An official state assessment of how best to help citizens give up smoking conducted by Ireland’s Health Information and Quality Authority (Hiqa) recently revealed that a greater uptake of electronic cigarettes by smokers is likely to increase the number of successful quit attempts and lower the overall costs of smoking cessation.
The health technology assessment was requested by Dr. Fenton Howell, the national tobacco control adviser at Ireland’s Department of Health, and was the first in Europe to examine the cost effectiveness of electronic cigarettes, as well as other traditional quit-smoking aids. Dublin’s Health Information and Quality Authority, which has yet to publish its final report after a public consultation, found that e-cigs could help more people successfully kick their smoking habit while lowering healthcare costs by millions of euros.
“Hiqa’s analysis shows that increased uptake of e-cigarettes as an aid to quitting would increase the number of people who successfully quit compared with the existing situation in Ireland and would be cost-effective, provided that the currently available evidence on their effectiveness is confirmed by further studies,” said Dr. Mairin Ryan, Hiqa’s director of health technology assessment.
Ryan did however mention a “high level of uncertainty” regarding electronic cigarettes, stating that “while the long-term effects of using e-cigarettes have not yet been established, data from Healthy Ireland reveals that 29% of smokers currently use e-cigarettes as an aid to quitting smoking.”
“This analysis examines the safety, effectiveness and cost-effectiveness of the smoking cessation interventions available in Ireland that can be used to help smokers quit for good,” Dr. Ryan said. “These include medicines such as nicotine replacement therapy, varenicline and antidepressants, as well as e-cigarettes and behavioural interventions, such as counselling and telephone support. HIQA also specifically examined the clinical effectiveness of therapies in pregnant women, and those attending secondary mental health services.”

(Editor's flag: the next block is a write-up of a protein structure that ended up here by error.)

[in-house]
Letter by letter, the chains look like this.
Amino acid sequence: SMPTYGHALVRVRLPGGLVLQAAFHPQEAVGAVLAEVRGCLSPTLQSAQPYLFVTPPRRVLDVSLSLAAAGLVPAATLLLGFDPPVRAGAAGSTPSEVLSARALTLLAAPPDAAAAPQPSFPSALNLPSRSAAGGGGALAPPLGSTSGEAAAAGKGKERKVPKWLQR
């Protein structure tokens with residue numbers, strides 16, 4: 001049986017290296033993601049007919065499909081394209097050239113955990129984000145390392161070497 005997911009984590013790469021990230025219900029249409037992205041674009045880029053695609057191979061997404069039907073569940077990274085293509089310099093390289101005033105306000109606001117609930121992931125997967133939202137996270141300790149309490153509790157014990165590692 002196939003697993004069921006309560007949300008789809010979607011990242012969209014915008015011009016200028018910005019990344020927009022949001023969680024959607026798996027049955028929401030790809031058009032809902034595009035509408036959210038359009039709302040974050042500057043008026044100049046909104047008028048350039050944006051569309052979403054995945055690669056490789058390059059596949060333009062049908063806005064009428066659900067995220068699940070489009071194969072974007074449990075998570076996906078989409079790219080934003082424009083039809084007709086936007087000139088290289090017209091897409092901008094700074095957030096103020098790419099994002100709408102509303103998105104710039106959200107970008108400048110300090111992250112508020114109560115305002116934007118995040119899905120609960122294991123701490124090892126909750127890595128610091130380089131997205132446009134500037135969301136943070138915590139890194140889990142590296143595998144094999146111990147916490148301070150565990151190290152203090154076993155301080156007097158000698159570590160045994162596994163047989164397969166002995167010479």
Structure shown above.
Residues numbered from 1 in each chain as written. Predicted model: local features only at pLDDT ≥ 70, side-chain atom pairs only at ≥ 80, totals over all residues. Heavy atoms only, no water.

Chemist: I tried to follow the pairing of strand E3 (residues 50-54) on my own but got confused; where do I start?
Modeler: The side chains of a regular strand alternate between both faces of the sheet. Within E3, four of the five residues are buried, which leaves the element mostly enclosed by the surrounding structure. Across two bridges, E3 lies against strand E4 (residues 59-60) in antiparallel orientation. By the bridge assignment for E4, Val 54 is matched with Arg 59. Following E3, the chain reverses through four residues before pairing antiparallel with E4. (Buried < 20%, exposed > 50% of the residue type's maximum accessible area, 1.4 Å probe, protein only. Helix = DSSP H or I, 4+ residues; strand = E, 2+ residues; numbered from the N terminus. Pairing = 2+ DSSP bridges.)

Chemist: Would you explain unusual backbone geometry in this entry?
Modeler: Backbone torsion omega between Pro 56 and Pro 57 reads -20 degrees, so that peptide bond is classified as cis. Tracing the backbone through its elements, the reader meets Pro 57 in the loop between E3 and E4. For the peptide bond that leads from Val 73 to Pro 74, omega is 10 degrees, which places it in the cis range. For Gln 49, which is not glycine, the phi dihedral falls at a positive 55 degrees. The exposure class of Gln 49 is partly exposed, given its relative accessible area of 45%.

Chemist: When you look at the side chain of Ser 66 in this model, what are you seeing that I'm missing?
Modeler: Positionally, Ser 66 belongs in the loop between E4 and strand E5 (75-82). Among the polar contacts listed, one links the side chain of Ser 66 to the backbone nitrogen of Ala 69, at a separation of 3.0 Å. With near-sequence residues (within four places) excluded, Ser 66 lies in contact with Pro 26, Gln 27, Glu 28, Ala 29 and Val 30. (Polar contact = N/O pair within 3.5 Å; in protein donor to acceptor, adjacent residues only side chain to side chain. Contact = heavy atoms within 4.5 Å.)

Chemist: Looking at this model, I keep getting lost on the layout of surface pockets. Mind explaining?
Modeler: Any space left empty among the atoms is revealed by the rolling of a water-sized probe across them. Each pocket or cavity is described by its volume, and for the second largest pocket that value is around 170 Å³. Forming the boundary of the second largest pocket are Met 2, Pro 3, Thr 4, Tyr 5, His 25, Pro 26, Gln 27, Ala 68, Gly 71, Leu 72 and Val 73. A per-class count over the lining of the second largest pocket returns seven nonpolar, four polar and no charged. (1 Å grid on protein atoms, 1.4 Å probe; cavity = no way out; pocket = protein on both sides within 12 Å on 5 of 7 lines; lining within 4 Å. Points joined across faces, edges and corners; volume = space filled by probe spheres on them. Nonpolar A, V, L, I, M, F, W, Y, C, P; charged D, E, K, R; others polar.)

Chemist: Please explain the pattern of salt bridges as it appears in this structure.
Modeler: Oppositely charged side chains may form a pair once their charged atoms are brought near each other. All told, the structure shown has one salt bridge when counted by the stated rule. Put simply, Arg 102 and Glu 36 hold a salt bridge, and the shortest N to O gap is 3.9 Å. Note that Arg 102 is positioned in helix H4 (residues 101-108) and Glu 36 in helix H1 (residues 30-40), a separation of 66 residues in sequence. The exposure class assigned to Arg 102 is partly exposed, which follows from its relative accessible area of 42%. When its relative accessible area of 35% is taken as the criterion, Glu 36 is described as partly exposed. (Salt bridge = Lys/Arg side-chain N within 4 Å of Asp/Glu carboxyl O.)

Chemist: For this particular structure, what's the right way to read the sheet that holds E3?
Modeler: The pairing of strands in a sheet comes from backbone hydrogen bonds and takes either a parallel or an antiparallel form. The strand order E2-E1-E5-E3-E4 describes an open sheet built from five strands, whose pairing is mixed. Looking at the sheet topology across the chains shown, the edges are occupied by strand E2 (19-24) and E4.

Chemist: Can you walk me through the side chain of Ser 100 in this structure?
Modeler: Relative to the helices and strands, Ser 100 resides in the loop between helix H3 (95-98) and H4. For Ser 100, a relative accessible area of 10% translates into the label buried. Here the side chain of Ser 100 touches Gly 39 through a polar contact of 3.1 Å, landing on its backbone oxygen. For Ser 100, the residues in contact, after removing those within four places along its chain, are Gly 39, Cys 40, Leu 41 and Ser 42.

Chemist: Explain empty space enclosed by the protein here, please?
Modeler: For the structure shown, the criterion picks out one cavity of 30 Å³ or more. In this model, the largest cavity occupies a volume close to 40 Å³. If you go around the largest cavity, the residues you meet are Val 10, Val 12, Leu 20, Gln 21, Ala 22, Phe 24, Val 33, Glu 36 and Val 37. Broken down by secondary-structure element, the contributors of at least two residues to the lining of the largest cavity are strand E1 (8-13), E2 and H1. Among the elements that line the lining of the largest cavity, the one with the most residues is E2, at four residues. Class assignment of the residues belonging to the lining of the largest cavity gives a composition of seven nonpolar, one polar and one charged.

The report cites data from 2013 which shows that the cost to the Irish healthcare system of smoking was over €460 million while the cost of lost productivity was over €1 billion. At the moment the overall cost of smoking cessation to the State is estimated to be over €40 million per year. Taking this fact into consideration, Hiqa concludes that “that all publicly funded smoking cessation interventions can be considered clinically effective when compared with doing nothing, and cost-effective when compared with unassisted quitting.”
The 700-page assessment found that varenicline – a controversial prescription-only medication which helps people to stop smoking by reducing withdrawal symptoms and reducing the satisfaction that can be gained from smoking – was over two and a half times as effective in helping people quit smoking as using no drugs. But the most effective way was using varenicline alongside nicotine replacement therapy – more than three and a half times as effective as no medication.
Electronic cigarettes were found to be twice as effective as using no other therapy (based on only two trials with a small number of participants) but were considerably more cost effective than the other two forms of intervention. While Hiqa considers varenicline alongside nicotine replacement therapy “good value for money” due to its high effectiveness, it is estimated that its greater uptake could add around eight million euros to health care costs, every year. A rise in the use of e-cigarettes by smokers trying to quit, is expected to lower healthcare costs by 2.6 million euros per year.
And, I might add, e-cigarettes don’t carry the serious, albeit rare, side-effects of varenicline drugs like Chantix, including neuropsychiatric symptoms and suicidality. I’m not saying that e-cigarettes are completely safe, but so far researchers have not identified any serious side-effects of vaping. Long-term use is a completely different question to which we are unable to provide answers right now.